If you operate your high performance piston twin for business and are looking at a follow on aircraft, I recommend that you seriously consider the advantages of a single engine turbine airplane.
Please note that I am specifically referring to business use. If you fly for pleasure then you fly what pleases you. The reasons for selecting a pleasure aircraft can, and should be, based upon emotion. (Provided that you can afford the emotions of course!). Business use aircraft are tools first, fun tools, but tools. They must meet the needs of the business.
The first reason is performance. No questions there. The turbine engine gives you far superior performance at altitude. Step into a turbine airplane and you get pressurized comfort. Yes, you can get your piston twin up to 14,000, 15,000 feet or even higher. But that pressure altitude has you breathing oxygen through a tube. That and the altitude itself are far more fatiguing than a cabin altitude of 6,000 or 8,000 feet.
Turbine aircraft can also get you to higher altitudes than pistons. The mid 20s are easily reached by most modern turbine airplanes, be they singles or twins. The ride is often much smoother than in the teens and you have many more options open for the avoidance of poor weather, be it convective activity or even icing conditions.
Turbine speeds beat piston speeds. You get 50 knots to 150 knots advantage due to the added power of a turbine engine. High speed cruise in a modern piston twin is 170 to 200 knots true. With a turbine single or light twin you can see 250 to 320 knots true. All these performance attributes in favor of the turbine airplane add up to increased productivity. Get there sooner, get there less tired, and get home sooner. That means a better use of business time.
Turbine aircraft are also more reliable. The engines themselves tend to be far more reliable than high-powered piston engines. "Dependable engines" is more than marketing lingo. Turbine singles have an excellent safety record and personally, I'd prefer a turbine single at night, IFR, than a piston twin. Give me two turbine engines and we are all set!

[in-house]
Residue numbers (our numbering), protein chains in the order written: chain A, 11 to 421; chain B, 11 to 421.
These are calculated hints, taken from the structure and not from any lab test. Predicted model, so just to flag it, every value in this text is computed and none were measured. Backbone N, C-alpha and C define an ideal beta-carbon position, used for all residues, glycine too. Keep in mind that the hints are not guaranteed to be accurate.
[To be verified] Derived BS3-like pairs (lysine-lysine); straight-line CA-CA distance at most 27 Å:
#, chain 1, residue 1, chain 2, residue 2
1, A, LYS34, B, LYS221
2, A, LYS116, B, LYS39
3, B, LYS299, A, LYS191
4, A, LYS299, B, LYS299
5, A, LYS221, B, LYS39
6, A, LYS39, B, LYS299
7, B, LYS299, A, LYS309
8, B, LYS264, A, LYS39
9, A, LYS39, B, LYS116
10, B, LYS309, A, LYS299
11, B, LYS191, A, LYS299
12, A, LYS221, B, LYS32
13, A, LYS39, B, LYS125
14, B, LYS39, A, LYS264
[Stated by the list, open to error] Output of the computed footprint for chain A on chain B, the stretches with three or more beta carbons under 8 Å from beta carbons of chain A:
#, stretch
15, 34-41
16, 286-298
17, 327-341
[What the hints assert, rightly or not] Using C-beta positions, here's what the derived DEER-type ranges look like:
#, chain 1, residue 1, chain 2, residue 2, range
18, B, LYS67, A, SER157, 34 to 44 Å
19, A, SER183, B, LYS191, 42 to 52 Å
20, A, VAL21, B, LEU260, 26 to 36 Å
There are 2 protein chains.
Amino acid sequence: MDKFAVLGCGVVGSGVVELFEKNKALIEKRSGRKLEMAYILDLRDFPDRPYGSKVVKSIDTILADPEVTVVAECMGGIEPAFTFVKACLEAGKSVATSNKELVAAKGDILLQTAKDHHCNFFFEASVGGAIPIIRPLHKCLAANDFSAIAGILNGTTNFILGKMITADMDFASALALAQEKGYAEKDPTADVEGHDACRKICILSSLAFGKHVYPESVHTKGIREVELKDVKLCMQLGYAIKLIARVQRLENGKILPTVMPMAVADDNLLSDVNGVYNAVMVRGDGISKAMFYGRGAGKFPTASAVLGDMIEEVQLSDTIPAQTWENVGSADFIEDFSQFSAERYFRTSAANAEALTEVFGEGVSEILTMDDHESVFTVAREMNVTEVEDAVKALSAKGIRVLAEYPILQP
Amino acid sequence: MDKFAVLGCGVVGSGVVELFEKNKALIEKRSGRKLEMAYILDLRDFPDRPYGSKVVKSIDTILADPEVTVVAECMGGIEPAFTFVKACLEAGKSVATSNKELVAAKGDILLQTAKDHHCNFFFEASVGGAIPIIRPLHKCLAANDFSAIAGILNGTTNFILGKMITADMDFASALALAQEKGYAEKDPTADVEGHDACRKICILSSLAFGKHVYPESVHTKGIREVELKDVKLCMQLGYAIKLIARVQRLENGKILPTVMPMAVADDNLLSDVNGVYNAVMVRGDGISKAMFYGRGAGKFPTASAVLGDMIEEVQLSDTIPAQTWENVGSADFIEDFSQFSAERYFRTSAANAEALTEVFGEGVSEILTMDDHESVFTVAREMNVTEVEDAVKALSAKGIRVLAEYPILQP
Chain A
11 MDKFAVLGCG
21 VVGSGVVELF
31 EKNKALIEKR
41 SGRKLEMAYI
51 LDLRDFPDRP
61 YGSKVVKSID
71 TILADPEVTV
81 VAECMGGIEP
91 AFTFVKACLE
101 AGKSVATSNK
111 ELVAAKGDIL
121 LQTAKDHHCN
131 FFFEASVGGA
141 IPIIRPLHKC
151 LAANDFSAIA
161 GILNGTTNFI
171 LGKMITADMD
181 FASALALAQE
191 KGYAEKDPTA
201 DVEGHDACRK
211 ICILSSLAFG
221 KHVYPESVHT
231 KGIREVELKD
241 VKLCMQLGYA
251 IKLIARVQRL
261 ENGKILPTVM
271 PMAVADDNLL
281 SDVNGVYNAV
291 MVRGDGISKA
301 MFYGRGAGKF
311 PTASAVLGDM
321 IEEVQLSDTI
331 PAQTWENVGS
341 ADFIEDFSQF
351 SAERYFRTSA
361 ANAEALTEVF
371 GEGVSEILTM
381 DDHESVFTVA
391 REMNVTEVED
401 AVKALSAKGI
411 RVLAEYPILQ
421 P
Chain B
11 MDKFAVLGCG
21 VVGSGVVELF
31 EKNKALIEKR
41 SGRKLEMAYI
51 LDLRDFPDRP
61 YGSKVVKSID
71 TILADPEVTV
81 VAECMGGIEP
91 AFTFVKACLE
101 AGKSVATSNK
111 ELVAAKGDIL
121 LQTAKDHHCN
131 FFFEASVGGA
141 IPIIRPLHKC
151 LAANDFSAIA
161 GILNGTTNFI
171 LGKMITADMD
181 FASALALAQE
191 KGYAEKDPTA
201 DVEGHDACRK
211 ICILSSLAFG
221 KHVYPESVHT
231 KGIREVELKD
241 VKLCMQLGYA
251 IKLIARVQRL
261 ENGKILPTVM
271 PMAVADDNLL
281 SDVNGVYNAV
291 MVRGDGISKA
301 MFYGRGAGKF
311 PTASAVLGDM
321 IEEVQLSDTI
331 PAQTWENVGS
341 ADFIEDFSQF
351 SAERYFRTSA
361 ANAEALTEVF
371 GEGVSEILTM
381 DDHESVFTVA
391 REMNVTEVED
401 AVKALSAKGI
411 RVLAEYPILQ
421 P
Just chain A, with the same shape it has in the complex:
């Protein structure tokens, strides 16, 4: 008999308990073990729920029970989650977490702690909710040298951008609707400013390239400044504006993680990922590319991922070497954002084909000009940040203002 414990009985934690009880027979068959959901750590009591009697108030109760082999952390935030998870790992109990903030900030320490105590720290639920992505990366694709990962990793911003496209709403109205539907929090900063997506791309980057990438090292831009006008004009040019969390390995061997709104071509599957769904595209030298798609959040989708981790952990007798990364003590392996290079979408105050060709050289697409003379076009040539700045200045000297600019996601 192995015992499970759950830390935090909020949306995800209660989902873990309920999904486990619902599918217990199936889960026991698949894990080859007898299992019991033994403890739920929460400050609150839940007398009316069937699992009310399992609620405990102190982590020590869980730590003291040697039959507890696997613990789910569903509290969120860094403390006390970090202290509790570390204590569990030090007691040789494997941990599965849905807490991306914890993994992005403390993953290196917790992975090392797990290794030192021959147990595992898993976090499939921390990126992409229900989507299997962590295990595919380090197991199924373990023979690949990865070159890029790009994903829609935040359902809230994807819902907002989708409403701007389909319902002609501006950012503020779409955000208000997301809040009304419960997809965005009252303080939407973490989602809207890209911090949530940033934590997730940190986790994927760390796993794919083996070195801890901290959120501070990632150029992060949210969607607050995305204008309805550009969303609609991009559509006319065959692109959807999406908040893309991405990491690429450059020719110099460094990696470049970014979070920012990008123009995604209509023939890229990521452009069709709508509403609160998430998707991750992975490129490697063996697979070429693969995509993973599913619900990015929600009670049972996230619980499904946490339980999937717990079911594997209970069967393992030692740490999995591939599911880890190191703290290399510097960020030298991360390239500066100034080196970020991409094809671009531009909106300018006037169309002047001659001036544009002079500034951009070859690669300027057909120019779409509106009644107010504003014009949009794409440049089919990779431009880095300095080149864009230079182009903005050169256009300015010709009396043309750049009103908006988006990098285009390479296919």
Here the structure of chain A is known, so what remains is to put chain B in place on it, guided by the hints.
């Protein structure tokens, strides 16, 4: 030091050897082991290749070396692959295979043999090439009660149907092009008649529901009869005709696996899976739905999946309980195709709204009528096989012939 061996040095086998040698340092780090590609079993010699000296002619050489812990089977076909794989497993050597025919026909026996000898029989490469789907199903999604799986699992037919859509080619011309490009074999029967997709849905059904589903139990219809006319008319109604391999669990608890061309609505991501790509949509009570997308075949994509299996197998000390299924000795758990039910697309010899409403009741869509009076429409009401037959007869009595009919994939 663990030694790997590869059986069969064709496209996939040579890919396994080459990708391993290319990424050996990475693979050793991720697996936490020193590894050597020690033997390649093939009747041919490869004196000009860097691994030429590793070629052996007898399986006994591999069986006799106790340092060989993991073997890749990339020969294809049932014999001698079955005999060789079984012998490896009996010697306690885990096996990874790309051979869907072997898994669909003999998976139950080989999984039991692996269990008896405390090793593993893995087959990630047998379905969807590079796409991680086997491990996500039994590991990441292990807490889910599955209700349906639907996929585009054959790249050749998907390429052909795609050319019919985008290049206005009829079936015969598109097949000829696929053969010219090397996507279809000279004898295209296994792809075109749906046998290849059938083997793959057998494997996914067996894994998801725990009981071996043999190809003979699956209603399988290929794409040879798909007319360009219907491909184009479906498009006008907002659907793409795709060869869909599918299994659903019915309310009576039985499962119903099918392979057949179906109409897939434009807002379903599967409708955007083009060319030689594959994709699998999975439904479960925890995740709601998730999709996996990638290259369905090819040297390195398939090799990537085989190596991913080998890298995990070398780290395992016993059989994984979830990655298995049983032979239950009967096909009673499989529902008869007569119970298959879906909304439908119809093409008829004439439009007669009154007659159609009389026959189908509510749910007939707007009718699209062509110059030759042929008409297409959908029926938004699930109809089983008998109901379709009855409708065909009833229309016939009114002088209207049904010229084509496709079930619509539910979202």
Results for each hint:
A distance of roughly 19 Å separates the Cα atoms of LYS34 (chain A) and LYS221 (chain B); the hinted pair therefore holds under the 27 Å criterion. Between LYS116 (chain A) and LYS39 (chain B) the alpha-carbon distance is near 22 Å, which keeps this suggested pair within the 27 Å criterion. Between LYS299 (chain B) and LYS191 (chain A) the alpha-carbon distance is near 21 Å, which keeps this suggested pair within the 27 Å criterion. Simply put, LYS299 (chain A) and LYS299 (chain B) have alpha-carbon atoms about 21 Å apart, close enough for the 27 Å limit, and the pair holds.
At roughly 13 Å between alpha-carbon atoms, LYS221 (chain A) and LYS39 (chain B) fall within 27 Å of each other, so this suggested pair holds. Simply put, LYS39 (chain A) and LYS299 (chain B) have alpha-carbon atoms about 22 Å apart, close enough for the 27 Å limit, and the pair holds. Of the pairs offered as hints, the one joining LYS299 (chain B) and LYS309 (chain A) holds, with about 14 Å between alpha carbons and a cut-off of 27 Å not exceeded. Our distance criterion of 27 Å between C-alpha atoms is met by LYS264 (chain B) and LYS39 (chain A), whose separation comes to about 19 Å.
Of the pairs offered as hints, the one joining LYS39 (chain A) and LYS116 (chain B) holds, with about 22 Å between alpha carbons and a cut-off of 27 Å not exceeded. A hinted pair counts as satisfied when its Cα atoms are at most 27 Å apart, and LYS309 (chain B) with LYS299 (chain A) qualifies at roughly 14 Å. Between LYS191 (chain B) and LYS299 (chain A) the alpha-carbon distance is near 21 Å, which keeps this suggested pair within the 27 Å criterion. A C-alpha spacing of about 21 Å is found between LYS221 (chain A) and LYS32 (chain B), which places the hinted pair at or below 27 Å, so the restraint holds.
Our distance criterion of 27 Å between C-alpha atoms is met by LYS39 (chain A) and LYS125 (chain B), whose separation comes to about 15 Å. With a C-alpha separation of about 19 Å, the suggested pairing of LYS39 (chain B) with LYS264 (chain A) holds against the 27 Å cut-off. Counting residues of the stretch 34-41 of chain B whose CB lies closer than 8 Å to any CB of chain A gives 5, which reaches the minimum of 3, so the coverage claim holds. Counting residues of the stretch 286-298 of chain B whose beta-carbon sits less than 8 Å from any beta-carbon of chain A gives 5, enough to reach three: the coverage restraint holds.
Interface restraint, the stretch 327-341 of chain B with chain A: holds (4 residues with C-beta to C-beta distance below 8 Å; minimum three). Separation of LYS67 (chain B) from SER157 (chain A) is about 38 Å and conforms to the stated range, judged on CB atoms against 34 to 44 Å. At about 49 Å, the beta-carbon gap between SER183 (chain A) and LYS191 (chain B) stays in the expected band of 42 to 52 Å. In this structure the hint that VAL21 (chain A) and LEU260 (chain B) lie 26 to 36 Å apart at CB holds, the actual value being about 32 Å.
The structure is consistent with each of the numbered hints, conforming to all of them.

Turbine engines, if maintained properly, have far longer intervals between overhauls than piston engines. High powered pistons tend to have 1,700 to 2,000 hour overhaul intervals whereas turbine overhaul intervals start at 3,500 to 4,000 hours. Again, for a business, the airplane must be productive. Waiting for an overhaul to be done is not productive. The longer overhaul intervals combined with the speed advantage of a turbine means the turbine engine is on wing for 2.5 to three times the number of miles as the piston engine.
Lastly is operating cost. Wait! We all know that turbine engines both consume more fuel and cost a lot more than piston engines to overhaul. First thing is to adjust that for the speed and overhaul interval of the turbine. As a comparison, the Baron G58 has a maximum payload of 1,195 lbs and cruise at up to 200 knots. A close competitor is a Piper Meridian with a maximum payload of 1,173 lbs and a max cruise of about 257 knots. At high speed cruise the Baron has a specific range of 1.053 NM/lb fuel whereas the Meridian has a specific range of 1.066 NM/lb fuel. So in this comparison, the cost per NM for fuel slightly favors the Meridian. Add to that the lower cost per gallon on Jet-A versus 100LL.
Yes, the overhaul of a turbine engine far exceeds the cost of the piston on a cost per hour (or per mile) basis. The Baron's two engines run about $66,000 for an overhaul at 1,700 hours ($39/hour) while the Meridian's PT6A overhaul is about $150,000 every 3,600 hours ($42/hour). On a per NM basis the Meridian actually comes out ahead due to its speed advantage (about 2%)
Selling price (List) of the new Baron G58 is $1.35 million while the Meridian sells for $2.1 million new. Current used price for a 2004 Baron is about $590,000 (44% of its new price). The 2004 Meridian sells for about $1 million 48% of new). Selling price new and used are lower for the Baron. But as a percentage of new, the turbine airplane tends to have a smaller loss in value. So that is where the "advantage" favors the piston twin. However, it is up to you, the buyer, to determine whether the value of the turbine airplane in terms of productivity and performance is worth the additional acquisition cost.
A turbine airplane, especially a single, is worthy competitor to the piston twin and under close inspection, offers many advantages but at a less than anticipated expense.
Understanding this will open a huge debate, I would really llike to hear your view point (agree or disagree) but give us reasons not a vote!